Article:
Breathing through Water: Power and agency in the post-colonial Indian Ocean

Greek mythology tells us that the day Zeus, to please his human lover Semele, revealed himself to her in all his glory, the sight of his divinity turned the young woman to ashes. Looking power in the face is dangerous indeed. And yet, exploring its sinews is sometimes more easily done from its margins. Geopolitical takes on the contemporary Indian Ocean routinely centre great powers and regional contenders’ competing ambitions over the region, but it is for those that can’t claim this status that the question of who has power in its waters, how that power is exerted, and with what consequences, presents itself with the most urgency, constancy, and complexity. Sri Lanka, or Ceylon as it was known until 1972, offers a stark manifestation of this. Whether under British rule, the Bandaranaike dynasty, or the post-Rajapaksa era, oceanic governance architecture has been a central concern for the island’s elites. The political and economic forces they contended with—Cold War superpowers, overbearing India, international shipping cartels, Japanese fishing fleets, oil prospectors—were largely exerted at sea and through the sea, after all. From the 1940s to the 1980s, efforts to affirm Ceylon-Sri Lanka’s sovereignty, agency and distinct identity therefore dovetailed, in recurring ways, with the issue of control and freedom in maritime spaces. The Indian Ocean, in this context, was always deeply political for Colombo—a horizon of decolonisation and national realisation that would determine the “breathing space” a small country could have in the international order.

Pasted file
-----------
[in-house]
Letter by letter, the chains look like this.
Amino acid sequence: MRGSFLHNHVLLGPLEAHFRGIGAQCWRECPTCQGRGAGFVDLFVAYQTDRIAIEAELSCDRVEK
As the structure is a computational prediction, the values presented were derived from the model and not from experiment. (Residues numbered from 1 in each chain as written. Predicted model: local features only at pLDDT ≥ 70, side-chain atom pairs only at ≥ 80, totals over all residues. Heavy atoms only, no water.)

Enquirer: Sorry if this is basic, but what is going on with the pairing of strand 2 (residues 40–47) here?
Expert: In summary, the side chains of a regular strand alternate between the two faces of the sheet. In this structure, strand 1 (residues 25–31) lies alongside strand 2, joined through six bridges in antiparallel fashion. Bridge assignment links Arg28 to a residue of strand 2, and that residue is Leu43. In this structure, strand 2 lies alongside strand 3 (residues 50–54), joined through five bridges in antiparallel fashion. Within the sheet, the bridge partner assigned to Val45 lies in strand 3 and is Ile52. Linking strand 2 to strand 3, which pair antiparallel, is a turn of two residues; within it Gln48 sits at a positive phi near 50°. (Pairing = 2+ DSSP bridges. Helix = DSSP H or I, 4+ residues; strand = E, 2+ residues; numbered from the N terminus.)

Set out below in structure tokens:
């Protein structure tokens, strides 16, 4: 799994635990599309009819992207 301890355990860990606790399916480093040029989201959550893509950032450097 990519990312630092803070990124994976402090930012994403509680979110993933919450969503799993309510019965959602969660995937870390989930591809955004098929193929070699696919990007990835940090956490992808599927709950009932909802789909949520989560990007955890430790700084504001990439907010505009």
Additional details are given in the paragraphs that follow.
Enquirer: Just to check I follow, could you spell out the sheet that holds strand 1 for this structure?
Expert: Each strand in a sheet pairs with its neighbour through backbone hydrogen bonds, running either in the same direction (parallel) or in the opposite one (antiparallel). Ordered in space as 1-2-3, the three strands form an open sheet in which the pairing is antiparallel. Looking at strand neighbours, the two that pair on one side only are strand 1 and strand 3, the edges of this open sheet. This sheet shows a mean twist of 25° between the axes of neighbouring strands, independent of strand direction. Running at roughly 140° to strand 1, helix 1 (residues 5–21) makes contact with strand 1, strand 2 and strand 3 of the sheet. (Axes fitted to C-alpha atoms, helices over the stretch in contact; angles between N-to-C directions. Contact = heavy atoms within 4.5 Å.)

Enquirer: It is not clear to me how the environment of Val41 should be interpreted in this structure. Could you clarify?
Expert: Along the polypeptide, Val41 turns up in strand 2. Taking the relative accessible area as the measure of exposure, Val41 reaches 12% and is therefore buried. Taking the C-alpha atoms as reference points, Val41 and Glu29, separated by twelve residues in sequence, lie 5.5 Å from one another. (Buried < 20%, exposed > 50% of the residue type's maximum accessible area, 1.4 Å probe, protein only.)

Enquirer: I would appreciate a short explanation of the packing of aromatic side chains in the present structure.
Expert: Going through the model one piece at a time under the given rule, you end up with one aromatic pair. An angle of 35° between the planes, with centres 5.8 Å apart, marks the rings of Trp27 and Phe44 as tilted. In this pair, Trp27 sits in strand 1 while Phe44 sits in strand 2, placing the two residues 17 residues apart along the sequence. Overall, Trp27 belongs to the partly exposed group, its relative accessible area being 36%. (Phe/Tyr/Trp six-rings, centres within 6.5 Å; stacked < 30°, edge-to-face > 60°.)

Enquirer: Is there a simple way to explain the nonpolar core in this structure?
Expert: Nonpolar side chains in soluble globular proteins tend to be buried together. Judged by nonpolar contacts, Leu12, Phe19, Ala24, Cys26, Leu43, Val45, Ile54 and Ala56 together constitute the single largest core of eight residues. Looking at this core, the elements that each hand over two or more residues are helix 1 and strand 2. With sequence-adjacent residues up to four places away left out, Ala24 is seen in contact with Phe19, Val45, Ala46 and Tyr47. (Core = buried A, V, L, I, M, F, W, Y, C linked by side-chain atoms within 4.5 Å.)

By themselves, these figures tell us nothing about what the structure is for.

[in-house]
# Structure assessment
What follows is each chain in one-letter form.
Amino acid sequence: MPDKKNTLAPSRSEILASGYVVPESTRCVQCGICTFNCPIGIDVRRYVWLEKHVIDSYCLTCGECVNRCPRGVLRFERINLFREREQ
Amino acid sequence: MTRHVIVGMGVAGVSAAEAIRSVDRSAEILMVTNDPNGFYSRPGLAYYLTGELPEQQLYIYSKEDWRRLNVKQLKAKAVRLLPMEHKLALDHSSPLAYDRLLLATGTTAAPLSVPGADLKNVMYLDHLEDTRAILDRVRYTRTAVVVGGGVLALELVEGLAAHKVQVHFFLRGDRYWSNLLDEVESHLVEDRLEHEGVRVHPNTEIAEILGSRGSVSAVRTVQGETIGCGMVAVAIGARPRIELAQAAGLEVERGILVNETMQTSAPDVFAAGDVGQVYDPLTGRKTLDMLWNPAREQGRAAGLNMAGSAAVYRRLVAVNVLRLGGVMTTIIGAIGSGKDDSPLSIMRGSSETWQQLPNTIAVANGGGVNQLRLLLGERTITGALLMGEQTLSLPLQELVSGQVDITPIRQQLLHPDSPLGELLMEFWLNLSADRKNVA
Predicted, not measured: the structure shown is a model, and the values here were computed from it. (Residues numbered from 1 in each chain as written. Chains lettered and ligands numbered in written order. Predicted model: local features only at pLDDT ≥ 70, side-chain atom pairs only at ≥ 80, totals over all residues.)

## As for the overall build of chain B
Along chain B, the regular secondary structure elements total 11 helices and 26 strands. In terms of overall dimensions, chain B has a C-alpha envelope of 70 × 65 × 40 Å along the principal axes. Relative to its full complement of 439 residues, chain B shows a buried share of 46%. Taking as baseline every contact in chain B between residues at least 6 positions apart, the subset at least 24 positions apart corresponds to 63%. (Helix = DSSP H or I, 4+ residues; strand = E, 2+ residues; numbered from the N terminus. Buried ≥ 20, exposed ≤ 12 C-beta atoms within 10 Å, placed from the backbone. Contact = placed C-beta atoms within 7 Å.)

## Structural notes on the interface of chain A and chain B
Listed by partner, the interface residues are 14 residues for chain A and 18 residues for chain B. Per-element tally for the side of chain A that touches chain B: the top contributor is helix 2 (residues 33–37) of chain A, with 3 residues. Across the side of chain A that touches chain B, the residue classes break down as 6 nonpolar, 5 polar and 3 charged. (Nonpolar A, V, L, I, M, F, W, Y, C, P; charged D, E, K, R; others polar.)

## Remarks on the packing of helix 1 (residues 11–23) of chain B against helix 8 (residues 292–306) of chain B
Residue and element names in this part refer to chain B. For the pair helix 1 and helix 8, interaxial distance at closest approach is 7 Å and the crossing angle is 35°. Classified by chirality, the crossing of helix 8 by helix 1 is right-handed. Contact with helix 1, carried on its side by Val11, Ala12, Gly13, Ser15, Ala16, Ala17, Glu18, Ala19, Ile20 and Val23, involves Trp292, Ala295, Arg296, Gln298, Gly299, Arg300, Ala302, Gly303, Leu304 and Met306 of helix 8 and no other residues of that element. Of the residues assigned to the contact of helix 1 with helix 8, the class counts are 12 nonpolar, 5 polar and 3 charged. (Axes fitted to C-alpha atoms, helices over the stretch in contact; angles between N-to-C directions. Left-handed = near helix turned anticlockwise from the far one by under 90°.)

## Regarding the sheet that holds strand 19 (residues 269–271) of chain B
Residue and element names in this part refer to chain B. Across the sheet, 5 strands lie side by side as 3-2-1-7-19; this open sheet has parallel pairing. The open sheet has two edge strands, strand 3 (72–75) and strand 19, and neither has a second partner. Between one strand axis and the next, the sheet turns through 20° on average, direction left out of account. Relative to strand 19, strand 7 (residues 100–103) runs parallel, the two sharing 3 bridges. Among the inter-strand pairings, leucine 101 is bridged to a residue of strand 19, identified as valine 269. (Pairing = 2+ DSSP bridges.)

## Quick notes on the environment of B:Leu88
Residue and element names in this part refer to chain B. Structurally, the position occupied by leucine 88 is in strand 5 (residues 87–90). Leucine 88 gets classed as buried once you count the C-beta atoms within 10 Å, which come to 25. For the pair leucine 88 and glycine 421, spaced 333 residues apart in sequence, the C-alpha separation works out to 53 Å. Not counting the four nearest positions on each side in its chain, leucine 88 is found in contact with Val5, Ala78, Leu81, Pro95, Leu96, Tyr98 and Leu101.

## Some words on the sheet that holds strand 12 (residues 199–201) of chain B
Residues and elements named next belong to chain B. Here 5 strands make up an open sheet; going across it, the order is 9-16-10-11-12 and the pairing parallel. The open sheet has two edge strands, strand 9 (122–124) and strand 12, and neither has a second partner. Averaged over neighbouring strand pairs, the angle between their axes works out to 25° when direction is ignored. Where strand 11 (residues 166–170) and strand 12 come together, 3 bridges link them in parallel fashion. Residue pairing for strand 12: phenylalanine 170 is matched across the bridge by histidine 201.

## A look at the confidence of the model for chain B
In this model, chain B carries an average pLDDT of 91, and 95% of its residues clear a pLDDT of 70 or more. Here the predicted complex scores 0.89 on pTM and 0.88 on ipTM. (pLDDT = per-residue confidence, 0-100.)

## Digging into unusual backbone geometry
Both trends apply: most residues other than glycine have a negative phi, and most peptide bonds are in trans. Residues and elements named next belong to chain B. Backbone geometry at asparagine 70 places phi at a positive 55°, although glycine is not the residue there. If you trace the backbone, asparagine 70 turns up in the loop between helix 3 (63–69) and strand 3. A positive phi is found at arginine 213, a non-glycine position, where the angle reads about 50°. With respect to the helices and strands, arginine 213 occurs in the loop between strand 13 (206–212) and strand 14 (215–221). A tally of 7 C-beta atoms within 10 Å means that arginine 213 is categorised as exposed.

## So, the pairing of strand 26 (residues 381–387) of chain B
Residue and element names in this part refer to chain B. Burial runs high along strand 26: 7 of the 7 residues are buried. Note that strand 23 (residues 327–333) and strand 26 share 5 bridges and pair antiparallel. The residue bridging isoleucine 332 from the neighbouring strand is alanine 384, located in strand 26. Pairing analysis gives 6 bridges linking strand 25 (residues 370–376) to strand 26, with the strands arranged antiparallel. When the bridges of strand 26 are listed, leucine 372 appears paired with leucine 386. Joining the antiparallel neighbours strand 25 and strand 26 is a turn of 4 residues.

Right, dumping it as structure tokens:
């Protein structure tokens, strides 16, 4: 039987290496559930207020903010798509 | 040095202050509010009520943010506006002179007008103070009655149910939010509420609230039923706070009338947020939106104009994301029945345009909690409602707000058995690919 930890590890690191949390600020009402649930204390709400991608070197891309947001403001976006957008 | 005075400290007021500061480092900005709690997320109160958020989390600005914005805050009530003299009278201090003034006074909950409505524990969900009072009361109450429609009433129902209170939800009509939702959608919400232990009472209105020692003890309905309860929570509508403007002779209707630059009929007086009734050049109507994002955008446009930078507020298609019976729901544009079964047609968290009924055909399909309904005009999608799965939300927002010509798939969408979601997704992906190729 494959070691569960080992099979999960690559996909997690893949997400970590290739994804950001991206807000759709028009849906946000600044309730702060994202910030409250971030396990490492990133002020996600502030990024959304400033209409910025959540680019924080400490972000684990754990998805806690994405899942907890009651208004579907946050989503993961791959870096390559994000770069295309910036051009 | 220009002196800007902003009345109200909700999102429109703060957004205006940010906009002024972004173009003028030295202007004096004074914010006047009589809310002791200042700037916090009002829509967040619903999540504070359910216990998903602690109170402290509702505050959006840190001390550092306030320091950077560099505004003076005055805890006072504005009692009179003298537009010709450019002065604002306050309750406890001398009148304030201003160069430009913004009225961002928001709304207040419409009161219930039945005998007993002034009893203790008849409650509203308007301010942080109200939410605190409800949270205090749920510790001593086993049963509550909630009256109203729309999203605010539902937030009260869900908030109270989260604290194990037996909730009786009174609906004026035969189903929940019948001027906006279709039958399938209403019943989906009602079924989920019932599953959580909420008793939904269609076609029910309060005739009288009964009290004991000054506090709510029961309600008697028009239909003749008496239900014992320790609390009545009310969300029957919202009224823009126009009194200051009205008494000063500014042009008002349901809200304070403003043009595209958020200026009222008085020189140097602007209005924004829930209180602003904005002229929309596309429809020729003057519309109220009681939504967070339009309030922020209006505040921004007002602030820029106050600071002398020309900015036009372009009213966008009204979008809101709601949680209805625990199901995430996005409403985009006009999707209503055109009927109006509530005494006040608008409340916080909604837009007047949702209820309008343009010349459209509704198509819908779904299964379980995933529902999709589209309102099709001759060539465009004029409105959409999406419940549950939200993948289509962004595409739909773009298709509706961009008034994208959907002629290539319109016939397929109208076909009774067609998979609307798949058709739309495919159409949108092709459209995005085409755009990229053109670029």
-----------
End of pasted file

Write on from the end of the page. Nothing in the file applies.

Bérénice Guyot-Réchard is a historian of South Asia, international and transnational relations, and decolonisation whose work has pioneered new approaches to the subcontinent’s place in the world system. From the Himalayas, where borderlanders willy-nilly grapple with China and India’s rivalry, to budding diplomats striving to represent India abroad, her work explors South Asia’s day-to-day engagement with the world and the connections between state formation and international relations. Dr Guyot-Réchard has won multiple awards for her work, including a Leverhulme Prize 2024, Cambridge’s Prince Consort Prize, the Association for Nepal and Himalayan Studies’ Fisher Prize (for Shadow States: India, China and the Himalayas, 1910–1962), the British Association of South Asian Studies’ Annual Prize, and a British Academy Rising Star Award. Her next book, The Glass Giant: India and the Making of the World Order, retraces India’s centrality to international politics over the past two centuries.